December 2, 2011 / 5 Comments
December 3, 2009
I’d love to say there’s more to this pop-culture reference than just the number three, but I’d be lying.
So, it struck me a while back that I haven’t really prattled on about characters in quite a while. I’ve brought them up as kind of a sideline thing while talking about other story elements, but I haven’t focused on characters specifically. So I started thinking about them and why some come across so well on the page while others leave a reader cringing.
That got me thinking about Bob. To be honest, first it got me thinking about Yakko Warner, my usual example, but Yakko’s a pretty well-established character already. So I ended up with Bob, and wondering what could make him a good leading man for my action-adventure story about cyber-ninjas from the future.
If we want to make Bob the best character he can be, I think there are three key traits he needs to have.
First and foremost, a good character has to be believable. It doesn’t matter if said character is man, woman, child, cocker spaniel, Thark warrior, or protocol droid. If the reader or audience can’t believe in them within the established setting, the story’s facing an almost impossible challenge right from page one.
Bob has to have natural dialogue. It can’t be stilted or forced, and it can’t feel like he’s just the author’s mouthpiece, spouting out opinions or political views or whatever. The words have to flow naturally and they have to be the kind of words this person would use. I saw a story once where one high school jock said in amazement to another “You broke up with her via text?” Via? Is that even remotely the type of word or phrasing that would come out of a teenage football player’s mouth?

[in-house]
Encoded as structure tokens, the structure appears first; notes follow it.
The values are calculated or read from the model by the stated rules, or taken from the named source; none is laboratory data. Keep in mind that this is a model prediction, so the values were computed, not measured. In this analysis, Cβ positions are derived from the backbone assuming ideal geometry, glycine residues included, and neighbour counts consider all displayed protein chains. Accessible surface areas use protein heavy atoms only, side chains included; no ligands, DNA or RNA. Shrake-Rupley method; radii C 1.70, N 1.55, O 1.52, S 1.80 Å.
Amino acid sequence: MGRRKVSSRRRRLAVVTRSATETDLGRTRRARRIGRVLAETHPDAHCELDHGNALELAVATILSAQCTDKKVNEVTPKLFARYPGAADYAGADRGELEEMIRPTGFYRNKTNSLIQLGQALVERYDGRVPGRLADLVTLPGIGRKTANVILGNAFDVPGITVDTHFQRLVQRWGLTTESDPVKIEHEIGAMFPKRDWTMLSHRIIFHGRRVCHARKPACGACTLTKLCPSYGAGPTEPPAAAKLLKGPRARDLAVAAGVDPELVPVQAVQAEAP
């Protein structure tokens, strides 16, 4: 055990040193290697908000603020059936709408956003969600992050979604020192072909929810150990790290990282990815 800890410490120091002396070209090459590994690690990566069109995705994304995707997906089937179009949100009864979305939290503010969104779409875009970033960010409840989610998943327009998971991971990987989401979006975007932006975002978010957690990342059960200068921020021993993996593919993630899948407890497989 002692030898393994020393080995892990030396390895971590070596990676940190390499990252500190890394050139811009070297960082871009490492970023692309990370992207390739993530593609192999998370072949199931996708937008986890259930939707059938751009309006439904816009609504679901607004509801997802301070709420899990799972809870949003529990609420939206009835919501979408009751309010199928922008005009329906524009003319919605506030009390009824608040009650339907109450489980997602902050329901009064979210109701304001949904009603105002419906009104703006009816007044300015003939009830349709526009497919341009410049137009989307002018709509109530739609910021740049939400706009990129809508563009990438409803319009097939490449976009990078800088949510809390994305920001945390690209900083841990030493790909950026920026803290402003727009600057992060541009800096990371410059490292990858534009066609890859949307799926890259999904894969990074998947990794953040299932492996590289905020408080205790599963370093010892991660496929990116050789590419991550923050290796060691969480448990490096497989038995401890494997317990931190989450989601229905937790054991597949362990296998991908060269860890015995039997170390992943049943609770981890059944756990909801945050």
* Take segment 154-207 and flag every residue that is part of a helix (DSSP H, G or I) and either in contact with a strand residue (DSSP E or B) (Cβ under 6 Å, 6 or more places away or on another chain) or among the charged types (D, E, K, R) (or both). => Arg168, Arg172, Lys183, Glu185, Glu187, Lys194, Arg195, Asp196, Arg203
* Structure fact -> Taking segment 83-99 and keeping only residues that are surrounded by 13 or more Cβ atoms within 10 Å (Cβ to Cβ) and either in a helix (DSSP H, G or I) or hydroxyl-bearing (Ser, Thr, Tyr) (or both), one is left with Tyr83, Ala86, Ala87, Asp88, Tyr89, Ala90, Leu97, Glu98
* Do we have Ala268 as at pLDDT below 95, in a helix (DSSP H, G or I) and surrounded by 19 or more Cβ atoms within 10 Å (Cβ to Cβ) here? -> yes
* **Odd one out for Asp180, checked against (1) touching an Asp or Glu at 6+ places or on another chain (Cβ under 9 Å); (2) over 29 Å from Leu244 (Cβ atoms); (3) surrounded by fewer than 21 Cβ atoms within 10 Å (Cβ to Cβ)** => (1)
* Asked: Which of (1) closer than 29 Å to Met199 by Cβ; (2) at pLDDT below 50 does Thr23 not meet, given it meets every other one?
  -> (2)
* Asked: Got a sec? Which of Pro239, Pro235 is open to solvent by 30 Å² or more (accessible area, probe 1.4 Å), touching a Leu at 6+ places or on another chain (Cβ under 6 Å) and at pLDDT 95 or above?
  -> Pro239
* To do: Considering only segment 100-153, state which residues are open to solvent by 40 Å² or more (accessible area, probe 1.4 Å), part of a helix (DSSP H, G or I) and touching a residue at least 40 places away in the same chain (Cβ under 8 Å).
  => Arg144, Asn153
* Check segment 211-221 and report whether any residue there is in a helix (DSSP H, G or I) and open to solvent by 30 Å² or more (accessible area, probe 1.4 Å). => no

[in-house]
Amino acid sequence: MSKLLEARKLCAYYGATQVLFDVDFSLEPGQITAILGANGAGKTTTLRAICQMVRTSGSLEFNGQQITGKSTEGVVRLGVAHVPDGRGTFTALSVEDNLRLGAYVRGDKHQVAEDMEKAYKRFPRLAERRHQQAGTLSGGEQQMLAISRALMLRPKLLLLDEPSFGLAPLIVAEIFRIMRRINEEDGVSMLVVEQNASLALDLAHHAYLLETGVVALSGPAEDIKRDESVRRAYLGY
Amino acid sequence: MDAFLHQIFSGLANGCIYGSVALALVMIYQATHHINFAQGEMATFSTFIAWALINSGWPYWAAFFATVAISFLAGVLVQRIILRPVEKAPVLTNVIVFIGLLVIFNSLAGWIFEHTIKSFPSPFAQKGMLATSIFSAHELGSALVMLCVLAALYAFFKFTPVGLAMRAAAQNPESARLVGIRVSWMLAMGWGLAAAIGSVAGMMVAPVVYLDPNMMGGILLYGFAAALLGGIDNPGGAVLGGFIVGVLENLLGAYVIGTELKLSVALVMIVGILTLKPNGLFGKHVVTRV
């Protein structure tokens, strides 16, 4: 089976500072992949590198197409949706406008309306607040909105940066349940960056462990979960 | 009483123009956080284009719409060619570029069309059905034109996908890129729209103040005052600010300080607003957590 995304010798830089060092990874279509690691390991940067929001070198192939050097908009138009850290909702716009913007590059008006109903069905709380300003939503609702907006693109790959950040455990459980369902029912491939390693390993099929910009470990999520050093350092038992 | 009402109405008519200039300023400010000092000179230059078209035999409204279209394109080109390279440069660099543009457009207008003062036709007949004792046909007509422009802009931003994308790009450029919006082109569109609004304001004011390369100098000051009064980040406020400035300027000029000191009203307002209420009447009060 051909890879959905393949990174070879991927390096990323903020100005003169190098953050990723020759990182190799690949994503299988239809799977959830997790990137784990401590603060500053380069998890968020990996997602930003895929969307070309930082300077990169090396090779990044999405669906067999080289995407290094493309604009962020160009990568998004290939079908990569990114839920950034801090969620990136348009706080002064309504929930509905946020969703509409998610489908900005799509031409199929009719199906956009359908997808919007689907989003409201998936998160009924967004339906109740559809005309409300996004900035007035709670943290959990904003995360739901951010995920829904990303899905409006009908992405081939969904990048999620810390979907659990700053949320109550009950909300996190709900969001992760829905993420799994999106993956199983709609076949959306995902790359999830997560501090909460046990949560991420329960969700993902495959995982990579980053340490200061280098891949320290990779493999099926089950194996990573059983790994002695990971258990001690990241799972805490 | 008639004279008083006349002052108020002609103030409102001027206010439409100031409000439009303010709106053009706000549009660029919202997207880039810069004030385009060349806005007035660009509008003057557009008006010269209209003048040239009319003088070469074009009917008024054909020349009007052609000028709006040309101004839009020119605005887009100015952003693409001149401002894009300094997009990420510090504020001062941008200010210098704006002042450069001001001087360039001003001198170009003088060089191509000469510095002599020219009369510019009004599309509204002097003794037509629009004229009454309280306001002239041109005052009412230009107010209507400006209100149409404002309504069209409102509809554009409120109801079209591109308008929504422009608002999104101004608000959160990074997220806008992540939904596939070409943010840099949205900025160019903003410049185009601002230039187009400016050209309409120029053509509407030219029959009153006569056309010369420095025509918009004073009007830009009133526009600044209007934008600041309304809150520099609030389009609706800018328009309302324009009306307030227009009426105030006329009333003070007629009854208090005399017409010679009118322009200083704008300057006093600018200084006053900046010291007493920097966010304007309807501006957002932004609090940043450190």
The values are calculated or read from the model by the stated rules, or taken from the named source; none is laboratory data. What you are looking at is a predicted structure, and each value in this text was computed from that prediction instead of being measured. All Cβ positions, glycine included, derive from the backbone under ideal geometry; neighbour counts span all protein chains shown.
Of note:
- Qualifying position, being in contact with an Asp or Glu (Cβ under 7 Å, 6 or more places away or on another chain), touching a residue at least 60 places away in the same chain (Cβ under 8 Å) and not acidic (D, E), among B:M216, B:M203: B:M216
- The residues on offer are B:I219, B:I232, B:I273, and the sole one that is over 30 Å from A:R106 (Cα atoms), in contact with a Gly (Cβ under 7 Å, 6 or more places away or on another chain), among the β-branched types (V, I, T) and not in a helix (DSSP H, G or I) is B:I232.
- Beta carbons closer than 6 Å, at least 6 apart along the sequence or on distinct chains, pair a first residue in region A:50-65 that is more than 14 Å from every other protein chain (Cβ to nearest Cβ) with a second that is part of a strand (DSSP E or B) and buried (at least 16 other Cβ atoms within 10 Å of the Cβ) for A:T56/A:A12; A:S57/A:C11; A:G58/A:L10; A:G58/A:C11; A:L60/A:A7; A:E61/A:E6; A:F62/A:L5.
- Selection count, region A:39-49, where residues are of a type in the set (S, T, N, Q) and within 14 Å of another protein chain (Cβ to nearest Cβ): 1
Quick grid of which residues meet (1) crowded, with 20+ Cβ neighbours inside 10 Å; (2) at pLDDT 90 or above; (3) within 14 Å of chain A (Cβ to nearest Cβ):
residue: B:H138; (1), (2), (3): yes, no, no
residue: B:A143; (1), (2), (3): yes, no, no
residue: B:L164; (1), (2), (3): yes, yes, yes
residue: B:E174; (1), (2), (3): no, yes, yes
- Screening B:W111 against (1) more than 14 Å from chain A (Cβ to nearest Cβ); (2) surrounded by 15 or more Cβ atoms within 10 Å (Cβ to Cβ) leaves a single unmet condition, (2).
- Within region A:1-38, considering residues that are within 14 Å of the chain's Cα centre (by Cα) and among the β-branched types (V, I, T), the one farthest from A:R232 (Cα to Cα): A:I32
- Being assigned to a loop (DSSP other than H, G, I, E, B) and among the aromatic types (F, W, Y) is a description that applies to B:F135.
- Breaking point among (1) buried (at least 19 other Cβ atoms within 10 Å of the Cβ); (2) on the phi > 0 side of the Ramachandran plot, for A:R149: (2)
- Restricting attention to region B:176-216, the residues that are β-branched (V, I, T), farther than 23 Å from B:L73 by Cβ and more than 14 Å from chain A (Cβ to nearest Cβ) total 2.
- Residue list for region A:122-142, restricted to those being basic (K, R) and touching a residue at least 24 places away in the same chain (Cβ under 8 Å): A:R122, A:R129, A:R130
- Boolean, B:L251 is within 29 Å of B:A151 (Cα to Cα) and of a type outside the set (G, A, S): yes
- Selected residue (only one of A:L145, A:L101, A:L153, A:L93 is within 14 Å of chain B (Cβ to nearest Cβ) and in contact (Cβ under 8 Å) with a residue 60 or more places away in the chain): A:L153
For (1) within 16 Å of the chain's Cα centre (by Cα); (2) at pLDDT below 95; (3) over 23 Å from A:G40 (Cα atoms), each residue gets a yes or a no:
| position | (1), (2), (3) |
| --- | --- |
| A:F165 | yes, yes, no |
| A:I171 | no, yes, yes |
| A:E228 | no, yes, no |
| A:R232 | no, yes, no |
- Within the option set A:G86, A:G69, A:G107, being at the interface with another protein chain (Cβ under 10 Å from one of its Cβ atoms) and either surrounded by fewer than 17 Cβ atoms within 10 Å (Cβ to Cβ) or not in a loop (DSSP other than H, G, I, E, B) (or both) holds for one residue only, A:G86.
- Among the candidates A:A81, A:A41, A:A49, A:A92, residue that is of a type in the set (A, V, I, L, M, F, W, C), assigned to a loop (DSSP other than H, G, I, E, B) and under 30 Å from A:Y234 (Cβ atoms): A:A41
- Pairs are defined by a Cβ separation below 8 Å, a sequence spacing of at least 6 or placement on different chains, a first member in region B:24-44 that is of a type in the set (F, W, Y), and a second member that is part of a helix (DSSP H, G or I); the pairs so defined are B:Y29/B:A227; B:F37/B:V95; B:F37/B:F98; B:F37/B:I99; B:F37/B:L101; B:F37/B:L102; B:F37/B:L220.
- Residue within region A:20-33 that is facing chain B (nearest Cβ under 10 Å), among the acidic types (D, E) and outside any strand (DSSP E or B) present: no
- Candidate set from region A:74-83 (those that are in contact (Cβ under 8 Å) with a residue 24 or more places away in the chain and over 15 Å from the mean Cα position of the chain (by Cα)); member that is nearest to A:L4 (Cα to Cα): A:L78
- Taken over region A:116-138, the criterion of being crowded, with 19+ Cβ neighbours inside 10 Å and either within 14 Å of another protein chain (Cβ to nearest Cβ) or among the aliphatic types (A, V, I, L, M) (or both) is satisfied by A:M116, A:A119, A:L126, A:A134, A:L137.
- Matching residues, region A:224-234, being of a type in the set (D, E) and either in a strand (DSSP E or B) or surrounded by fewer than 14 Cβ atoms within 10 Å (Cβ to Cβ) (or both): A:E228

On a similar note, the same goes for Bob’s motives and actions. There has to be a believable reason he does the things he does. A real reason, one that makes sense with everything we know (or will come to know) about him. It’s immediately apparent, just like with dialogue, when a character’s motivations are really just a veiled version of the writer’s.
Also, please note that just because a character is based on a real person who went through true events does not automatically make said character believable. I’ve tossed out a few thoughts here about the difference between real-real and fiction-real, and it’s where many would-be writers stumble. They think because the amazing story they’re telling about Bob is true, it’s somehow valid. He really did this, therefore the reader must accept it. Alas, it just doesn’t work that way. Remember, there is no such thing as an “unbelievable true story,” only an unbelievable story.
Second, tied very closely to the first, is that a good character needs to be relatable. As readers, we get absorbed in a character’s life when we can tie it to elements of our own lives. We like to see similarities between them and us, so we can make extended parallels with what happens in their lives and what we’d like to happen in our lives. Luke Skywalker is a boy from a small town with big dreams (just like me) who goes off to join a sacred order of super powered knights (still waiting for that–but it might happen). There’s a reason so many novels and movies revolve around the idea of ordinary people caught up in amazing situations. Heck, Stephen King has made a pretty sizeable fortune off that basic premise.
Some of this goes back to the idea of being on the same terms as your audience and also of having a general idea of that audience’s common knowledge. There needs to be something they can connect with. Many of us have been the victims of a bad break up or two. Very, very few of us (hopefully) have hunted down said ex for a prolonged revenge-torture sequence in a backwoods cabin. The less common a character element is, the less likely it is your readers will be able to identify with it. If your character has nothing but uncommon or rare traits, they’re unrelatable. If Bob is a billionaire alien with cosmic-level consciousness who sees all of time and space at once and only speaks backwards in metaphor… how the heck does anyone identify with that?